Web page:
For thousands of believers from across the globe Iona is by far the most beautiful, charming, living and holy isle in the world. All sense the transparent yet invisible presence of St. Columba on it. People who have visited it admit that the beauty of its landscapes and the whiteness of its cliffs are special, the purity of its air is special, the blueness of the sea around is special, the brightness of the sun above it is special, and the tranquil atmosphere there is special. Iona has fascinated many artists, poets, travelers, scientists, romantics, ordinary folk and royalty from various countries throughout the centuries. Among those who were enchanted by it are the writers James Boswell and Samuel Johnson, the poet William Wordsworth (who devoted four sonnets to it), John Keats, Felix Mendelssohn (visited at the age of twenty), Walter Scott, Robert Louis Stevenson, Queen Victoria (she visited at least in 1847), the French novelist Jules Verne, the Scottish painters Samuel John Peploe and Francis Cadell, the Scottish architect Robert Adam, the landscape painter William Turner, Alice Liddell (the prototype for “Alice in the Wonderland”), and the Scottish-born explorer David Livingstone, to name just a few…
Thus Columba, one of the most beloved saints of Ireland and Scotland, perhaps the greatest Church figure in the early history of Britain, is not forgotten and is loved 1400 years after his death.
Let us mention some of the huge number of the churches that bear the name of Columba. In Ireland: the seventeenth-century Anglican cathedral in Derry which stands on the site where the saint built a monastery; the Catholic Cathedral of Sts. Eonan (Adomnan) and Columba in the town of Letterkenny in Donegal (built by 1900; its stained glass depict scenes from Lives of Sts. Columba, Adomnan and other saints; it has twelve bells each of which is named after a saint of Ireland, including Sts. Adomnan and Columba); the eighteenth-century Catholic church in Long Tower in the heart of Derry; the Anglican church (Church of Ireland) in the town of Omagh in Tyrone; the church in the saint’s birthplace at Gartan—this town also has St. Colmcille’s Heritage Center devoted to the life and works of Columba and telling visitors how Celtic monks illuminated manuscripts and many other things; a large church with an early round tower in Swords where he founded a monastery.
In Scotland: a Church of Scotland church in St. Vincent Street in the city of Glasgow (dates to 1770, services are held in Gaelic and English); a chapel near the village of Bunavullin in the Highlands council area; the Roman Catholic twentieth-century Cathedral of St. Columba in Oban in the west of Scotland opposite the isle of Mull. The town of Dunkeld still preserves the ancient former Cathedral of St. Columba which was built around the thirteenth century. It stands on the bank of the River Tay. Its architecture combines the Gothic and Norman styles. Although some of its parts are in ruins, the Cathedral is still used as a parish church by the Church of Scotland (which has no bishops and, therefore, no formal cathedrals). The first monastery or Cathedral appeared here in the sixth or seventh century by Columba or his successors. The monastery managed to survive in spite of Viking raids, especially in 903. A large portion of Columba’s relics were kept in this Cathedral from the ninth century probably until the Reformation, when they disappeared; although some archeologists believe that they may lay buried near the Cathedral. The Cathedral has a small museum displaying finds and relics from its former monastic and Irish past.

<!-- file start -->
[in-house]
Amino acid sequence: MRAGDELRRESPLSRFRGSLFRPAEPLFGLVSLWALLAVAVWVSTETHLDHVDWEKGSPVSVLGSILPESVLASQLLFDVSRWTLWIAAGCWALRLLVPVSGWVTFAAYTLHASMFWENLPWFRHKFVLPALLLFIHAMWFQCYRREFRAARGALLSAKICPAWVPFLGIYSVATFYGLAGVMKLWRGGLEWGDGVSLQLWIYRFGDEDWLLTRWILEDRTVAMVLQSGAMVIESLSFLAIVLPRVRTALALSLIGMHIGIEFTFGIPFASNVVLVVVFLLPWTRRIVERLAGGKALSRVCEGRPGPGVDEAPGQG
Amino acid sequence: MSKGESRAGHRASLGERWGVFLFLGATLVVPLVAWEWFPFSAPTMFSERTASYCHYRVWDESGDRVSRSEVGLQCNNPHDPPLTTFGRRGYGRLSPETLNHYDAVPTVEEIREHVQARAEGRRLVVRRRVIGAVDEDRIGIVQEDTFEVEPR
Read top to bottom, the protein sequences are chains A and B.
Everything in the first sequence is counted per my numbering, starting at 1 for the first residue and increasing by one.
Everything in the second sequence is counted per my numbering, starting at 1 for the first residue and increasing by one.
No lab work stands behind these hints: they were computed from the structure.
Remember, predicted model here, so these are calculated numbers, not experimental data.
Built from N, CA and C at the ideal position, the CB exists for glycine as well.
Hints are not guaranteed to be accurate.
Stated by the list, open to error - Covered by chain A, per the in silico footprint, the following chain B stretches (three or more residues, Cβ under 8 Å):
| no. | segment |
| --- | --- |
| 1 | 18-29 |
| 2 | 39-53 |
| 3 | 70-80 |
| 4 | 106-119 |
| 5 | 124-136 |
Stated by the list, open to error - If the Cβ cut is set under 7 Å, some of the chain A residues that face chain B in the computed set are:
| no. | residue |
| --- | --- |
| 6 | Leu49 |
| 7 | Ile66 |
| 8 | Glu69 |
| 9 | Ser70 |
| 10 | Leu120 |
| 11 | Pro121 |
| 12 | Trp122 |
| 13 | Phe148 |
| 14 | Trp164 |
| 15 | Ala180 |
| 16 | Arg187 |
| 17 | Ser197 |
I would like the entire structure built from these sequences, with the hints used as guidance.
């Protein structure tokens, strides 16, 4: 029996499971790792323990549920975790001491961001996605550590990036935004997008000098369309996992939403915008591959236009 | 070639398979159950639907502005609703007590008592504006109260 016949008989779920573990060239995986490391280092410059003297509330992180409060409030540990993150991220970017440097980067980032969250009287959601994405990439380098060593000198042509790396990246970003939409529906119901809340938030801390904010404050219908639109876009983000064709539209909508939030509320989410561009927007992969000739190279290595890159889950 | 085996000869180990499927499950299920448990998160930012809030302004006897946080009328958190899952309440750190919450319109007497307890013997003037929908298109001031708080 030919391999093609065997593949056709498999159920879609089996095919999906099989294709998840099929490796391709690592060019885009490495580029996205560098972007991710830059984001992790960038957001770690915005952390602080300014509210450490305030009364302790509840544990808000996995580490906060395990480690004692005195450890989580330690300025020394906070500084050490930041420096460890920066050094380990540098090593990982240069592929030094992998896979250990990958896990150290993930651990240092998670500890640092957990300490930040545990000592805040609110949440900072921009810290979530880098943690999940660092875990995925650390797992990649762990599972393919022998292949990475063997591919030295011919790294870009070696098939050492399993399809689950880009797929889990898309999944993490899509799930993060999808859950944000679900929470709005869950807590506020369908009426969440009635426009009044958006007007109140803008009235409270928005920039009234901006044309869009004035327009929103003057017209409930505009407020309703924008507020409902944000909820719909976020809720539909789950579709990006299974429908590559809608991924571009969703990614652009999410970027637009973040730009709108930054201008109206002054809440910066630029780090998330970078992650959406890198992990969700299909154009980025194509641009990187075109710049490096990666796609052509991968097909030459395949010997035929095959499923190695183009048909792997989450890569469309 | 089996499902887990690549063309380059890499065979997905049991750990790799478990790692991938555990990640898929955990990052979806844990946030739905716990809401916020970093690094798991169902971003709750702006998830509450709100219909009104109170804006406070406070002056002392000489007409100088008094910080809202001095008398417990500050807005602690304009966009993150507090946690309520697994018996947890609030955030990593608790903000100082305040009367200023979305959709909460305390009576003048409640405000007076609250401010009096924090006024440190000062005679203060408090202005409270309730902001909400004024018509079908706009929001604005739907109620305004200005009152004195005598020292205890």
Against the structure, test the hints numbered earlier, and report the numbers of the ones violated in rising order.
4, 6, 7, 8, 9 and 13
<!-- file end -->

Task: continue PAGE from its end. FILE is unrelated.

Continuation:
Another site closely associated with our saint is the isle of Inchcolm in the Firth of Forth off the eastern coast of Scotland. According to tradition, Columba visited this isle. Later it was a center of the Culdee movement and a dwelling of hermits. In the twelfth century on the orders of a king of Scotland an Augustinian Abbey of St. Columba was founded here. In the late Middle Ages Inchcolm Abbey became so popular that it was nicknamed “Iona of the East”. This isle is still a magnet for pilgrims: the partly ruined buildings of the Augustinian monastery have been perfectly preserved and include a church, a tower, a cloister, and a chapter house, making Inchcolm a place with a former medieval monastery in the best condition. Apart from the abbey, this isle has partly survived ninth-century hermits’ cells. The name “Inchcolm” means “Island of St. Columba” in Gaelic. Another isle has exactly the same meaning. This is called Eilean Chaluim Chille, situated in the Outer Hebrides off the east coast of Lewis. It has the remains of a very old church in honor of St. Columba, which was built in about 800 and was formerly a great pilgrimage destination.
Even London can boast a Church dedicated to St. Columba. It stands in Pont Street and is one of two Presbyterian parish churches in the British capital.
Holy father Columba of Iona, pray to God for us!